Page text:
Unlike my previous post that took a lighthearted look at the newest Robo-Dog on the market, which has a Doberman head filled with artificial intelligence, the U.S. Army’s newest plans for artificial intelligence aren’t even close to a laughing matter.
The U.S. military has long been obsessed with integrating artificial intelligence into weapons of war, and it appears that they are getting closer to the full-scale rollout of these systems.
A couple of weeks ago I reported about a new type of facial recognition goggle that would help soldiers identify targets from a distance by giving the ability “to see through the eyes” of any weapons system. The U.S. Army stated that the future soldier could then shoot around corners with confidence that their target was properly sighted, as well as also giving the capability to link up with drones.
As if that wasn’t a potential disaster of its own, today the U.S. Army has stated that ideally there wouldn’t be a soldier in the mix at all, instead leaving the identification and execution of a target entirely up to a missile equipped with artificial intelligence.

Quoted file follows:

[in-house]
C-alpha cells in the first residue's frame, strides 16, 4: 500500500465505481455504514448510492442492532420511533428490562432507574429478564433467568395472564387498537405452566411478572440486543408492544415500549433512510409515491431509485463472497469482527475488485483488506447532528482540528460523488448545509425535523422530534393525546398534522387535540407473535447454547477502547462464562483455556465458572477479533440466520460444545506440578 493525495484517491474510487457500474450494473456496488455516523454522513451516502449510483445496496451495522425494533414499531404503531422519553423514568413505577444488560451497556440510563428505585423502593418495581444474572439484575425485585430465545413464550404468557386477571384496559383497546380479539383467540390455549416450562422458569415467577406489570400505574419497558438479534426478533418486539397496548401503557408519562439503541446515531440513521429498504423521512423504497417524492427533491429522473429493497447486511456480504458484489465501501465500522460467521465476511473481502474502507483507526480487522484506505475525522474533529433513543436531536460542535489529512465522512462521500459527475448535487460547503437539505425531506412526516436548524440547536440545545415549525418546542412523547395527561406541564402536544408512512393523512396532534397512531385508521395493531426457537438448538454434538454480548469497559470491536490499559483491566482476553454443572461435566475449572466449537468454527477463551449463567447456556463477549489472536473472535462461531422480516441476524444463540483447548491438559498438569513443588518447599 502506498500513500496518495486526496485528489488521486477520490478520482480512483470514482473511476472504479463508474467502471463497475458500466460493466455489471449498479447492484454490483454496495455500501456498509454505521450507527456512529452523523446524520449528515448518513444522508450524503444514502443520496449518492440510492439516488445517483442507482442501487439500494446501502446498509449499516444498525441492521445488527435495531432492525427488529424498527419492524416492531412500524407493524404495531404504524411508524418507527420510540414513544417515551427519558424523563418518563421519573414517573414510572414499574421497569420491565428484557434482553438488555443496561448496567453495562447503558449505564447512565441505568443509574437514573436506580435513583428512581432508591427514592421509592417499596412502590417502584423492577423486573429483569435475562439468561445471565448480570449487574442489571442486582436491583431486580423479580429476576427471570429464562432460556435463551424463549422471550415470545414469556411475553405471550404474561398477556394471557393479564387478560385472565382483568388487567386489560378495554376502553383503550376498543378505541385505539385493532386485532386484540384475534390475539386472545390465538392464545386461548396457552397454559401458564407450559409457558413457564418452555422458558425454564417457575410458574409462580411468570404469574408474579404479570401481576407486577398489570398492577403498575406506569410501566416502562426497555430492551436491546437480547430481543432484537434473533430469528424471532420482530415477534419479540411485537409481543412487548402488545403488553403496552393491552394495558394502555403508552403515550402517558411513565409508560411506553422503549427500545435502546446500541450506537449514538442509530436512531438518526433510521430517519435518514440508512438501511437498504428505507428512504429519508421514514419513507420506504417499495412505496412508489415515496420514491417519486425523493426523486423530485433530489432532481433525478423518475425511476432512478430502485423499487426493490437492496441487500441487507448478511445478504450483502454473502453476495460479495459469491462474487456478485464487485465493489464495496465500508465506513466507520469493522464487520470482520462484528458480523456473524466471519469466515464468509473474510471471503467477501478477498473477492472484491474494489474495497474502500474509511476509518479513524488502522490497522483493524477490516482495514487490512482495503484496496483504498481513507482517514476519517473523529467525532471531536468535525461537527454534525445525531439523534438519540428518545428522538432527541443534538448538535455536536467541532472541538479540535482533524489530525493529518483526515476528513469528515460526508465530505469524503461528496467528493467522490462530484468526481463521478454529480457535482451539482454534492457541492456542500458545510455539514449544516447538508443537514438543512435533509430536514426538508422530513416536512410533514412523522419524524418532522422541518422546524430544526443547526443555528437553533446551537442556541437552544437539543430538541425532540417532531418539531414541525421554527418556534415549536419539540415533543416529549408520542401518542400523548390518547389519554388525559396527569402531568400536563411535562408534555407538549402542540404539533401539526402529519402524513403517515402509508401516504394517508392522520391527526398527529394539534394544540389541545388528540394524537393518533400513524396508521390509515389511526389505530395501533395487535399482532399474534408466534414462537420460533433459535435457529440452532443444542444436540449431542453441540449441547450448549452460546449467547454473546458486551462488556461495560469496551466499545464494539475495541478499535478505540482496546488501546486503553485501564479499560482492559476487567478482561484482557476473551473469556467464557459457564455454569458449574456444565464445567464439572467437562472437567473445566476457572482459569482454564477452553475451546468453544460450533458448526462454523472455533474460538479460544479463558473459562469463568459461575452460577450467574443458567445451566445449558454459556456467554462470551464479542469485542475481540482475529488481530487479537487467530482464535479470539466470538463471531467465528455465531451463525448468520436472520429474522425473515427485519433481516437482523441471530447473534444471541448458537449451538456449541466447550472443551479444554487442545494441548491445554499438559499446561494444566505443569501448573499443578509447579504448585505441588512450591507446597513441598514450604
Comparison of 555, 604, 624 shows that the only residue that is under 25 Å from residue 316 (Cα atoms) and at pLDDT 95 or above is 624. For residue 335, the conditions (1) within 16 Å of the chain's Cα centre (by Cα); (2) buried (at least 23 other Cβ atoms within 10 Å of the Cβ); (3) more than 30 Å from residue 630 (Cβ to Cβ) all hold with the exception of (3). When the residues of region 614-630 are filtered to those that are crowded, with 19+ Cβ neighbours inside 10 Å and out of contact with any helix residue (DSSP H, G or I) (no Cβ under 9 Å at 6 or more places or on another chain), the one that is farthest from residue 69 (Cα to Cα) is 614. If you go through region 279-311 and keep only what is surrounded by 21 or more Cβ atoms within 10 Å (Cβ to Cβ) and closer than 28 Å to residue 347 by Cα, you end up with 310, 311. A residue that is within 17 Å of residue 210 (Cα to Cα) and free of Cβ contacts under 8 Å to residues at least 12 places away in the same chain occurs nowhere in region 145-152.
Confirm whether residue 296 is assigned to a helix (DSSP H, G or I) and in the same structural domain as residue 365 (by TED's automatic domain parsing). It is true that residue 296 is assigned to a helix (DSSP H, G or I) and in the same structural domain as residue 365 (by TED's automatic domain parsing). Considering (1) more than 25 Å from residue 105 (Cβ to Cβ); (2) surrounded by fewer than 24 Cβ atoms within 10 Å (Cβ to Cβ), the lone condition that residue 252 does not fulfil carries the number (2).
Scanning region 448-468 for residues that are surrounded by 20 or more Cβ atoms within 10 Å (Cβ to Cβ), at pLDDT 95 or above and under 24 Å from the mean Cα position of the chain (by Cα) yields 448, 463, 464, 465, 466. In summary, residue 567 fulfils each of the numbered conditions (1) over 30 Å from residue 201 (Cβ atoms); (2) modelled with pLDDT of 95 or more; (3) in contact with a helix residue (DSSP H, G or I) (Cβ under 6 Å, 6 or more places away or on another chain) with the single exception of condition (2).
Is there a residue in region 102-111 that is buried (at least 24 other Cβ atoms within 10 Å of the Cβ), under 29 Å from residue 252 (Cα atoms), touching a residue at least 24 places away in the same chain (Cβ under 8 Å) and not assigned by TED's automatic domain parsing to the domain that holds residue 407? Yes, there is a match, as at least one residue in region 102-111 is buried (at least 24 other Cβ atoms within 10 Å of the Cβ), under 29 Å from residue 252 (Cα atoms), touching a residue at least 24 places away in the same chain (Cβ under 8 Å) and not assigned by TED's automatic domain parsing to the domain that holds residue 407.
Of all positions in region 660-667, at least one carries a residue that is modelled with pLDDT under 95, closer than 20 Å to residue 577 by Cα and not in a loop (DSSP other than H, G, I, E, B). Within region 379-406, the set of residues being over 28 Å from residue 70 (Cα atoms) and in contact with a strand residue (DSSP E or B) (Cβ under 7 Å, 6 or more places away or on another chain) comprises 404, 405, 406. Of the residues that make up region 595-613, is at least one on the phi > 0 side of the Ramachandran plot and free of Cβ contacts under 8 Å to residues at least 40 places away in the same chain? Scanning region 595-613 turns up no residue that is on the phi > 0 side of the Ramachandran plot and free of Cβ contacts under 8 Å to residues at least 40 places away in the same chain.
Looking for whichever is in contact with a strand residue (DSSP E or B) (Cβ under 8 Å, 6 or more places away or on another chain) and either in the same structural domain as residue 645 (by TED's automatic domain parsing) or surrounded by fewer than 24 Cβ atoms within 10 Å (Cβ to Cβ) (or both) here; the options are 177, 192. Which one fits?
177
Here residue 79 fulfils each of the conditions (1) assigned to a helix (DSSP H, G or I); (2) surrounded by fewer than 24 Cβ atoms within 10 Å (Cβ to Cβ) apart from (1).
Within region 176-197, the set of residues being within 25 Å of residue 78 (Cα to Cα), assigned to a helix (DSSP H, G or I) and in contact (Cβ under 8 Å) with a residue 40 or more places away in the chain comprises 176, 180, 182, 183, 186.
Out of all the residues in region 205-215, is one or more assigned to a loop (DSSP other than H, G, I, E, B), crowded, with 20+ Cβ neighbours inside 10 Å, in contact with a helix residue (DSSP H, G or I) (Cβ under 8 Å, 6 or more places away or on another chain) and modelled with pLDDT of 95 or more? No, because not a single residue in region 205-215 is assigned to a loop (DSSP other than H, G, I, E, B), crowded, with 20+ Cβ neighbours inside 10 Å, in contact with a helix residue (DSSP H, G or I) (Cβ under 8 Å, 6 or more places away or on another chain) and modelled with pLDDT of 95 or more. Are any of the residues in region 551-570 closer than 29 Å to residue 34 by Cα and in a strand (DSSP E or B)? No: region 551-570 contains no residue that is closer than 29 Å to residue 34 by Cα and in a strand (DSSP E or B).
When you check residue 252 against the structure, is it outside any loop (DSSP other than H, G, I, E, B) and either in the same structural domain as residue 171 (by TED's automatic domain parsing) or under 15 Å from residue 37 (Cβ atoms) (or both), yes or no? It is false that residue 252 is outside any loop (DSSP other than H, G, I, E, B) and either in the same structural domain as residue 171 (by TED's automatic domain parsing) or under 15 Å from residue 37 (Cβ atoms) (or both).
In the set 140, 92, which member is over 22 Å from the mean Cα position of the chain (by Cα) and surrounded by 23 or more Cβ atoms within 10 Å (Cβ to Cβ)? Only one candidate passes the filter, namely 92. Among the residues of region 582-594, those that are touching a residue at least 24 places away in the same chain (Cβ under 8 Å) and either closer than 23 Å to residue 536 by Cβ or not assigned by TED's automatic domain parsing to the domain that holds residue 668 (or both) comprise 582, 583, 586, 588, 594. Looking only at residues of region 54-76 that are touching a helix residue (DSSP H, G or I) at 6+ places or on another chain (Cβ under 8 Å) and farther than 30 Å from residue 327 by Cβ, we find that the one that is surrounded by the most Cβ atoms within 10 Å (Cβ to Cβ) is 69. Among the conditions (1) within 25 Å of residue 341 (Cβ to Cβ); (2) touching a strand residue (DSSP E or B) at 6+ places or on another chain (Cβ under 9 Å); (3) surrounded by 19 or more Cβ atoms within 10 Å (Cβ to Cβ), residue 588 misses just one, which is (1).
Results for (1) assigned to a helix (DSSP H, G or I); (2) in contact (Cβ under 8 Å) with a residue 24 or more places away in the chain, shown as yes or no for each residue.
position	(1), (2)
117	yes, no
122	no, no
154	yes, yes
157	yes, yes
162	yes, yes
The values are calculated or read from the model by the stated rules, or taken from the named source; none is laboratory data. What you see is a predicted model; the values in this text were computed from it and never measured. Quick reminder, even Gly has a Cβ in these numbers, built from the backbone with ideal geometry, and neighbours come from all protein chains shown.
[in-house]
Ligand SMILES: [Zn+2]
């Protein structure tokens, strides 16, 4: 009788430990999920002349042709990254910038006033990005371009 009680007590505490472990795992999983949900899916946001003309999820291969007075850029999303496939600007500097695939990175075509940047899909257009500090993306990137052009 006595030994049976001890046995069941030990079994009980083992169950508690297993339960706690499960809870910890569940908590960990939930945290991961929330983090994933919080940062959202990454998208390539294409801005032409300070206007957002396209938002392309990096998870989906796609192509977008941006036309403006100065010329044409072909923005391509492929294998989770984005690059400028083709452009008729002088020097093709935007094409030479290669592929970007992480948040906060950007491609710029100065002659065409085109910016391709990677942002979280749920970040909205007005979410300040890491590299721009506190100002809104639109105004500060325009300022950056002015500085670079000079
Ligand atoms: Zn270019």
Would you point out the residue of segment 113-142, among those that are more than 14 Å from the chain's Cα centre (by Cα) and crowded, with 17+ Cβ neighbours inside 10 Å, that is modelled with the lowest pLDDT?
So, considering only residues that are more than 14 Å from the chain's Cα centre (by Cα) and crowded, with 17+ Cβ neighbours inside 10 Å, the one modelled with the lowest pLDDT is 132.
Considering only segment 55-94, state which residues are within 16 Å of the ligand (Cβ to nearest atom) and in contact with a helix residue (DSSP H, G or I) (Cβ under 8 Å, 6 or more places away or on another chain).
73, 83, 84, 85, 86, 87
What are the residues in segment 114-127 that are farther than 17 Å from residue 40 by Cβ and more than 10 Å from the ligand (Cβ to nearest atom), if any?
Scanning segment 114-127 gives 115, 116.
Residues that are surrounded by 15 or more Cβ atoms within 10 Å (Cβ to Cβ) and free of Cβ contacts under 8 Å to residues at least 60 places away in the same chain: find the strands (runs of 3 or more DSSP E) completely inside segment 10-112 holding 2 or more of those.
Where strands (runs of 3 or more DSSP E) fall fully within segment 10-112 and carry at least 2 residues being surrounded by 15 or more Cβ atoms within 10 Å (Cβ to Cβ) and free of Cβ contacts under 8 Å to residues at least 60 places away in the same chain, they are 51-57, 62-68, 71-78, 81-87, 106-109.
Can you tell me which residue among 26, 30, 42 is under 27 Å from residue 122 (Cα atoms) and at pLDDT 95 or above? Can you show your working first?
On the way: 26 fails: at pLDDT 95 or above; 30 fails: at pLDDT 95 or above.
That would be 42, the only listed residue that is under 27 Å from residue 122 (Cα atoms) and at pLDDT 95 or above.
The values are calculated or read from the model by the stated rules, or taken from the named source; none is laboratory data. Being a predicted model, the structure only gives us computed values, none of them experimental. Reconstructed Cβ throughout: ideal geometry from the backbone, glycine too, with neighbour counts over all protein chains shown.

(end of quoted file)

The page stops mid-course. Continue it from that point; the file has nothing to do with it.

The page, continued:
The Cannon-Delivered Area Effects Munition (C-DAEM) system will use GPS to identify enemy tanks and armoured shells, which will be scanned in advance from the skies.
According to sources, the Pentagon will invest vast sums into the AI-guided munitions, which could be ready by 2021.
As I continue to repeat ad nauseum, some of the world’s leading experts are raising their levels of caution about both the reliability of identification as well as any predictive analytics associated with artificial intelligence. Nevertheless, the militaries of the world are engaged in an A.I. arms race that shows no signs of slowing down.
The U.S. Army has stated many times that these systems are not designed to be fully autonomous from initiation to execution, but rather will use A.I. to pursue targets without any possibility of interruption.
[A] spokesperson for the U.S. Army disputes that this will be a missile that selects its own target. In a statement, they said: “This is not an autonomous weapon, nor is it intended to be. We seek an advanced capability for a round — once fired — to continue pursuing a target despite the types of interference that might cause it to pursue something else. This would improve our capabilities to avoid collateral damage.” In other words, this would be akin to a heat-seeking missile on steroids. — Source: Digital Trends
Nevertheless, it is the unfortunate nature of war that once a country develops a new technology, others will follow up with enhancements, causing a problem-reaction-solution loop that gives ever-increasing lethality to the weapons of war. Meanwhile, the citizens of the world who are paying for these programs with their taxes are left only to wonder where it all ends.
Image credit: Pixabay
Nicholas West writes for Activist Post. Support us at Patreon for as little as $1 per month. Follow us on Minds, Steemit, SoMee, BitChute, Facebook and Twitter. Ready for solutions? Subscribe to our premium newsletter Counter Markets.
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